While manufacturers claim the IPR process makes invalidating drug patents too easy, the data show that IPR challenges to pharmaceutical patents represent a small fraction of the challenges submitted to the PTO. Consequently, it is premature to make drastic changes to IPRs until more data are available to truly evaluate how the process is working. Further, every indication is that IPR process works in harmonynot in conflictwith the goals of Hatch-Waxman. It encourages challenges to weak patents to expedite generic drug entry to the benefit of the U.S. healthcare system. When it comes to price, there is a significant difference between generic and brand name drugs. On average, generic drug prices are 80 to 85 percent lower than comparable branded drug prices. 3 Overall, generic drugs have saved the U.S. health care system nearly $1.5 trillion over the past 10 years. 4

IPR challenges will also become increasingly important to encourage the development of the emerging biosimilar market. The IPR process should accelerate the availability of these lower cost therapies. The Biologics Price Competition and Innovation Act (BPCIA) already provides for 12 years of statutory market exclusivity for new biologics from the date of FDA approval. Reference biologics are often covered by hundreds of patents, which could lead to significant extensions of exclusivity well beyond the statutory period. Biosimilar developers have no simple way to determine what patents are covered, but the IPR process offers a path to legal certainty earlier in the biosimilar development cycle.

As you know, the daily costs associated with biologics are enormously higherapproximately 22 times higherthan those for small-molecule drugs. 5 With annual or treatment regimen costs that can exceed $400,000 6 , the cost of biologics adversely affects consumers, health plans, PBMs, and taxpayers. Studies suggest that the price savings from biosimilars could be 10 to 50 percent versus branded biologics. Given the focus by manufacturers on biologics, IPR challenges may be critical to realizing future biosimilar savings.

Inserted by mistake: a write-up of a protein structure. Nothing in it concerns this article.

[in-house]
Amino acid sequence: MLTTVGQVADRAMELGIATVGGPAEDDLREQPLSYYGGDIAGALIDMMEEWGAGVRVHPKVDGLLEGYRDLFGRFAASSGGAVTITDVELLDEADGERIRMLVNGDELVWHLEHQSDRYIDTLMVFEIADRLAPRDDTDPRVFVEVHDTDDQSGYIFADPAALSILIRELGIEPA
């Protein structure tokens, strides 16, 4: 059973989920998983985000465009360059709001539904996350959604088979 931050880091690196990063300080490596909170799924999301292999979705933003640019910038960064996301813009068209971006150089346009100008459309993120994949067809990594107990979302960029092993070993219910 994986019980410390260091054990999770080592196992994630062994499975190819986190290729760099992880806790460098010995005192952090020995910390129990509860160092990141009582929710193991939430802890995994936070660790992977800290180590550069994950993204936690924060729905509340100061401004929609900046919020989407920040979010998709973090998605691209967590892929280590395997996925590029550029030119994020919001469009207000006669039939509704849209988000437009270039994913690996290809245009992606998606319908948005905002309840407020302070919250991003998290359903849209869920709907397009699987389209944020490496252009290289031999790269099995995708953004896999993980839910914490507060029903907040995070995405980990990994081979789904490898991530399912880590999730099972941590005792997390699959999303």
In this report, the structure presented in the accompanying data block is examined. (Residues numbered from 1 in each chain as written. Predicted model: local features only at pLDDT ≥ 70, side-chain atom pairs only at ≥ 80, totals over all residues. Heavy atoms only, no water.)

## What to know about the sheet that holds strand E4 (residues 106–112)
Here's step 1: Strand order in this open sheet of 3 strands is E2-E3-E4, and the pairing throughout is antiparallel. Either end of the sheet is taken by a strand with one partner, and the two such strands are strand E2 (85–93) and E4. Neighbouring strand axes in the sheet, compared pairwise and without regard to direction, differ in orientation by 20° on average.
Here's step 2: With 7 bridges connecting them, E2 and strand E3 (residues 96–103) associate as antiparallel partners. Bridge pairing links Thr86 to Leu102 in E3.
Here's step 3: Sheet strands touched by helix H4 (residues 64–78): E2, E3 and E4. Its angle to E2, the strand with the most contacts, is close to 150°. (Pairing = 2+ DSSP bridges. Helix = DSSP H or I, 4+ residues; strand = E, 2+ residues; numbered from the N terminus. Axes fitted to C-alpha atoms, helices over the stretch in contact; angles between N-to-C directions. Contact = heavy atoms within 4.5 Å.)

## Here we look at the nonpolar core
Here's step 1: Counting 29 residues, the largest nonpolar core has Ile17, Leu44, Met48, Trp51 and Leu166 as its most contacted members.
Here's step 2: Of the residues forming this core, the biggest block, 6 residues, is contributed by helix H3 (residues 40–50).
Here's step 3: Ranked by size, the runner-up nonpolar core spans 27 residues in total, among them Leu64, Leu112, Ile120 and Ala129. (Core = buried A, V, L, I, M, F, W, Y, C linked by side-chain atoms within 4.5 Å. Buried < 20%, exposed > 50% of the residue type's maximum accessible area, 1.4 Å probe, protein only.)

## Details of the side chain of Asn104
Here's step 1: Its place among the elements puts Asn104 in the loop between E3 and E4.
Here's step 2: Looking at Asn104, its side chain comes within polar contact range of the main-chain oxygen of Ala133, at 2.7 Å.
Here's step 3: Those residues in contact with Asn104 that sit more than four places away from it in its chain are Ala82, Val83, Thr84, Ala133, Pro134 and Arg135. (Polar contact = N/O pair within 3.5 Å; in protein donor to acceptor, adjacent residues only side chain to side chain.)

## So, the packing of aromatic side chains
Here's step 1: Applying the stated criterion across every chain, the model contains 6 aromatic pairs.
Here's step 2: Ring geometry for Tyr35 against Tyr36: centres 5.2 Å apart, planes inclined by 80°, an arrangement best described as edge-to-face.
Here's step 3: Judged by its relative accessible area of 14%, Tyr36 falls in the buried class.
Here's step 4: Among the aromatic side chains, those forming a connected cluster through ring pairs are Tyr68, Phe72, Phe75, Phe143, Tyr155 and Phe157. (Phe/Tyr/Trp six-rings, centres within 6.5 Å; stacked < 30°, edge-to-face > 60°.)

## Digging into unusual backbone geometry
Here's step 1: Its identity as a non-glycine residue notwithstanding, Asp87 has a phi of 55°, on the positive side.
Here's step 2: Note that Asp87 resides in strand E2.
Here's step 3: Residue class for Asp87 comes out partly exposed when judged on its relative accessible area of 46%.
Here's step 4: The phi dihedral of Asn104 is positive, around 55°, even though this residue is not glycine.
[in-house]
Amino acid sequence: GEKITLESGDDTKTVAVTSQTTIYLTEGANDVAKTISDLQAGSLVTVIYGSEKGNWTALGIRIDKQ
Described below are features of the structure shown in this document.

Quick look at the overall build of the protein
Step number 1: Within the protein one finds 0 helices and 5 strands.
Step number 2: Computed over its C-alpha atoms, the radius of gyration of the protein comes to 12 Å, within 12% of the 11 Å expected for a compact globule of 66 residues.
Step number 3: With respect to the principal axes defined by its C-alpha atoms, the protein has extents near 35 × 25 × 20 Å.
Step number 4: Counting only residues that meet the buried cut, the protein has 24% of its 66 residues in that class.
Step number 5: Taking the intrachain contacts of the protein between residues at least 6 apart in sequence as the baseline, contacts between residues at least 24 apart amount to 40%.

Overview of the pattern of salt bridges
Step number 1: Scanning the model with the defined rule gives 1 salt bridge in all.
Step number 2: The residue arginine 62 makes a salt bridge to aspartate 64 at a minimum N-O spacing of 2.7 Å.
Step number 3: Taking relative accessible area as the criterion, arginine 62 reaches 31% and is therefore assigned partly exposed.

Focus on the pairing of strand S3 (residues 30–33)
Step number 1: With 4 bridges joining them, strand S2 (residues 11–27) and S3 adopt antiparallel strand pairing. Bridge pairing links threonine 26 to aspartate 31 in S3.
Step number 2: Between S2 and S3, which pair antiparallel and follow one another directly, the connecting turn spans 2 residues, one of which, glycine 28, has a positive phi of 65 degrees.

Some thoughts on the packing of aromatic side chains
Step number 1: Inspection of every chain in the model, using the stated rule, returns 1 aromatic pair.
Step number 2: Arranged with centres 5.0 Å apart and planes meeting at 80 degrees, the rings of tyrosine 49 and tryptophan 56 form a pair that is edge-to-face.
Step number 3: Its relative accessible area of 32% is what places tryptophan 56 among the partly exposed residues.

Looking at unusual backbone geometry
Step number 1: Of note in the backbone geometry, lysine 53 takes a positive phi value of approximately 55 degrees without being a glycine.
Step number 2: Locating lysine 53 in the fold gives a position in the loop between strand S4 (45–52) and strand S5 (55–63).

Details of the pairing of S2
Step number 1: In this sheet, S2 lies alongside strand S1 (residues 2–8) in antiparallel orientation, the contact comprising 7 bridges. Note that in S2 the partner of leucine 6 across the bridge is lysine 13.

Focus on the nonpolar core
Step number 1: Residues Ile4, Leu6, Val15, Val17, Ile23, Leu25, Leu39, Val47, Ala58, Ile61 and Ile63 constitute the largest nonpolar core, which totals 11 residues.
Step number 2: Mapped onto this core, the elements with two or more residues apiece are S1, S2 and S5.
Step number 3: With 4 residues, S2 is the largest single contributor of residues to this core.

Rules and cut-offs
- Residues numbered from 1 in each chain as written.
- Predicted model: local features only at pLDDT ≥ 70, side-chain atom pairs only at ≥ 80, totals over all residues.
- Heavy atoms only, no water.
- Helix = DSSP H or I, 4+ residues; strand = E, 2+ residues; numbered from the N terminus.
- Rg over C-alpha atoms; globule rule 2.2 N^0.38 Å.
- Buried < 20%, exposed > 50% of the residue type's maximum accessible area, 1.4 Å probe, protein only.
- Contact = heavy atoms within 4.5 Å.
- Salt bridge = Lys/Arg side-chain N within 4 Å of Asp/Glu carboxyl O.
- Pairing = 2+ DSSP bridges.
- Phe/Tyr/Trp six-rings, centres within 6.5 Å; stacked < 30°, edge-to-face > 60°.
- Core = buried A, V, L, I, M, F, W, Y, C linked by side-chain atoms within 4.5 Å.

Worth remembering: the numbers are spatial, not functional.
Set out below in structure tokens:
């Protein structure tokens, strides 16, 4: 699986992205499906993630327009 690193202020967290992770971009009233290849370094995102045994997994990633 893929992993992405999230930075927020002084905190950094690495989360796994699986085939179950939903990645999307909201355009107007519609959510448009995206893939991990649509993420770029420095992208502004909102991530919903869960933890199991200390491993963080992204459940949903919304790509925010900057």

In sum, we believe that the IPR process is largely working as intended by providing a more cost- effective avenue to challenge weak patents that extend monopolies for high cost prescription drugs. As such, we oppose any exemption from the IPR process for brand name drug manufacturers. In addition, we ask the Committee to fully consider the implications of any such exemption in terms of increased spending for payers, including Medicare and Medicaid, and higher prices for consumers. It would be unfortunate if this issue was to impede progress of the larger patent reform effort.

Thank you for considering our views on this important issue that will have an impact on consumers, taxpayers and the entire U.S. healthcare system.


Joyce A. Rogers Senior Vice President, Government Affairs, AARP

Matthew D. Eyles

3 Facts about Generic Drugs,


4 Generic Pharmaceutical Association, Generic Drug Savings in the U.S, Sixth Annual Edition: 2014,



A.D. So and S.L. Katz, “Biologics Boondoggle.” New York Times, March 7, 2010.

M. Herper, “The World’s Most Expensive Drugs,” Forbes, February 22, 2010.

Executive Vice President, Policy & Regulatory Affairs, AHIP

Alissa Fox Senior Vice President, Office of Policy and Representation, BCBSA

Kristin Bass Senior Vice President, Policy and Federal Affairs, PCMA

cc: All House and Senate Judiciary Committee Members

The Honorable Lamar Alexander, Chairman, Senate HELP Committee The Honorable Patty Murray, Ranking Member, Senate HELP Committee The Honorable Fred Upton, Chairman, House Energy and Commerce Committee The Honorable Frank Pallone, Jr., Ranking Member, House Energy and Commerce Committee